living in northern virginia or in montgomery county, maryland. >> southeast d.c. >> or southeast d.c. not far from national park. that unemployment in nevada is higher than michigan. how can that possibly be? harry reid is not just a senator, he's the majority leader and he has failed the fae of nevada. i think it's a good ad. >> straight here. you don't think that goes a little far? a bit of a stretch to believe all that bad stuff and the deficit and all that is obama and reid? >> i'm sorry. what were we talking about earlier? these are emotional reactions. logic and intellect have nothing to do with politics. >> he agrees of that -- >> i said it was good. >> the economy is the number one issue in that race. we'll see how it plays. >> everywhere. >> yes. >>> did taxes play role in lebron james decision to sign with the miami heat. our next question up. james said last night he wants a championship ring and money's not the issue. listen to this. >> well, the numbers are not finalized. i think my agent, leon rose, will take care of that, but all these of us are, all three are going
, the same programs that help them in prison, like, i'm trying to get something in maryland, like once they get out, that program they was in in prison, it can be the same program that they can fall back into when they come to society. when they come out to society. you know? and it starts there, too. you know, like don't just stop because -- don't stop because you're in prison and then come home. you know, keep going. just keep going. >> that's what they do in many cities. the second-chance act was the legislation that was passed that bush signed into law and it provided hundreds of millions of dollars for agencies around the country. and those are agencies that help ex-offenders and there are agencies that deter folks from becoming criminals. and one of the things that we do in our community center in detroit is to prevent and to rehabilitate. >> larry: do you think society believes in second chances? >> for the most part, many do. >> larry: may not verbalize it. >> yeah, may not verbalize it. >> larry: snoop, thanks. dog will remain with us. and we'll be back with sharon tate's sist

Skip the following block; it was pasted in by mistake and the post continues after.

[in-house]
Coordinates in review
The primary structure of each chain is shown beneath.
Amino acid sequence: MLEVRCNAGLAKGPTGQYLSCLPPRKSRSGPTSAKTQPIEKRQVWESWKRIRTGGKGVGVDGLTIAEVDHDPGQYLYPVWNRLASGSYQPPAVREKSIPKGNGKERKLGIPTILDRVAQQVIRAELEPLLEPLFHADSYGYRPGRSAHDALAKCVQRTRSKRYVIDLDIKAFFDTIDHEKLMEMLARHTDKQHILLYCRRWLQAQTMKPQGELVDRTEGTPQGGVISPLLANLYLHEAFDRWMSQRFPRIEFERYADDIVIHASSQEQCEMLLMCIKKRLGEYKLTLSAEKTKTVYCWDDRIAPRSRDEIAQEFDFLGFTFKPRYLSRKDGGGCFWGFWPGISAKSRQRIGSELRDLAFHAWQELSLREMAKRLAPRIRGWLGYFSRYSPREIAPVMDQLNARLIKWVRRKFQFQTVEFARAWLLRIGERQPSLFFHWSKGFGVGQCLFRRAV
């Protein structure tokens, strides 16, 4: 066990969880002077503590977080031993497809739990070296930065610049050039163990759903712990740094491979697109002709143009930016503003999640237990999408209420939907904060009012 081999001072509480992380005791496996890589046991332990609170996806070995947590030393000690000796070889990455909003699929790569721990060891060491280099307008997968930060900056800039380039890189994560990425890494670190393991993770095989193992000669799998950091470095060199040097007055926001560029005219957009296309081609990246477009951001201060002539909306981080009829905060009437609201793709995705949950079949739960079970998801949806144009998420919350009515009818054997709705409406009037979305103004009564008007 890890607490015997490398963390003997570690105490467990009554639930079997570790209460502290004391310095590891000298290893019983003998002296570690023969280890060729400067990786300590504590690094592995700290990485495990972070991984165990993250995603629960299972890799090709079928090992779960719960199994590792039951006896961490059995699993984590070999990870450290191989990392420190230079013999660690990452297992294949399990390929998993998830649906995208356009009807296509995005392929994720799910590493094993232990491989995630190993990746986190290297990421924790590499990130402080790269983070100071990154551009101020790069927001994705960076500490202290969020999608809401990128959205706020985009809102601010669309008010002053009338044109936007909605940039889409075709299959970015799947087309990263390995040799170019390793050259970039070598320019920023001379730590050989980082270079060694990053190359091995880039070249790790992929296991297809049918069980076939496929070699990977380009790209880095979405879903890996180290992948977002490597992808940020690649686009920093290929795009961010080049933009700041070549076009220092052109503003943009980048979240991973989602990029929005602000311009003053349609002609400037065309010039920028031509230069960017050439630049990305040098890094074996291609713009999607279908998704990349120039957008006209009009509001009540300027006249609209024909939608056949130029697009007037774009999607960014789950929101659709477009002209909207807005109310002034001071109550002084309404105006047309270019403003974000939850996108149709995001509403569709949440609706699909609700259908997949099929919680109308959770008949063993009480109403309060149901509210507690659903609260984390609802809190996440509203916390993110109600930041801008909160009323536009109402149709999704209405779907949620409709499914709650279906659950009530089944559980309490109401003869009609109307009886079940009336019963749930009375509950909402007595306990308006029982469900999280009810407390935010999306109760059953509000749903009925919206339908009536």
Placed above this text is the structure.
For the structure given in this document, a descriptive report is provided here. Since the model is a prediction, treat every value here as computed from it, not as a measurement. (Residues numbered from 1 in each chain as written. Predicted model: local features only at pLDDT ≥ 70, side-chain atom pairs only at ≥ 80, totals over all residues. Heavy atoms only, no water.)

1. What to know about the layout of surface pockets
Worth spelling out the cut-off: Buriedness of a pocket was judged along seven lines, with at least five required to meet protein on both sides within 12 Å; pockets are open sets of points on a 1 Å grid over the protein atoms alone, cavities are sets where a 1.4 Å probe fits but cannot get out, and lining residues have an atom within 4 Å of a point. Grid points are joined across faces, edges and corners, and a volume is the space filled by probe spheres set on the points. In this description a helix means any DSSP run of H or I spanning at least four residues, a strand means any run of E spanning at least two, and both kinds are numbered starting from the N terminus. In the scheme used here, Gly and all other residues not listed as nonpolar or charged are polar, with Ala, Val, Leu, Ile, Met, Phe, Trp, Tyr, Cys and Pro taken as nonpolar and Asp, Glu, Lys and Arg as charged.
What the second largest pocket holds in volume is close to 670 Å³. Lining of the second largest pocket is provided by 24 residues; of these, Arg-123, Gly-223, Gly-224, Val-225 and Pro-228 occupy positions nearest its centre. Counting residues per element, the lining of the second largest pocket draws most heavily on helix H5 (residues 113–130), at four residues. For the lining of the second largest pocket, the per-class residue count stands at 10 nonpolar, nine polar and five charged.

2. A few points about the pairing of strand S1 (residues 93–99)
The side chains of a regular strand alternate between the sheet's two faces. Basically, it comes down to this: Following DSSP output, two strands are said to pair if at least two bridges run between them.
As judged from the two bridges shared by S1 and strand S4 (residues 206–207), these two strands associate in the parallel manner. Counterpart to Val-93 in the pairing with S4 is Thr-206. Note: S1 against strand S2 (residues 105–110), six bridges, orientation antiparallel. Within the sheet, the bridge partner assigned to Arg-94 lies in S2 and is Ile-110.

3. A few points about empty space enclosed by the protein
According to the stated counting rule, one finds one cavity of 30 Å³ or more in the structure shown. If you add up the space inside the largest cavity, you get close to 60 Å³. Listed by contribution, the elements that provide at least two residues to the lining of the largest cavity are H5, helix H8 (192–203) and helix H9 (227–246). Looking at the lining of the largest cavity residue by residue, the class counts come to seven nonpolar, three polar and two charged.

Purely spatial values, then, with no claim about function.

in maryland, like once they get out, that program they was in in prison, it can be the same program that they can fall back into when they come to society. when they come out to society. you know? and it starts there, too. you know, like don't just stop because -- don't stop because you're in prison and then come home. you know, keep going. just keep going. >> that's what they do in many cities. the second-chance act was the t0 of crime. how do you approach this whole system of rehabilitation? >> well, actually, larry, it's a surprise to most people, but i do believe in rehabilitation. there are so much yo -- sociopaths and psychopaths that need to stay behind bars forever, but there are a lot of people that don't fall into that category and we definitely needpsychopaths that need to stay behind bars forever, but there are a lot of people that don't fall into that category and we definitely need to have in place people in place to rehabilitate. >> larry: one of the people who killed your sister i interviewed her and she claimed to be rehabilitated. would you want her released? >> th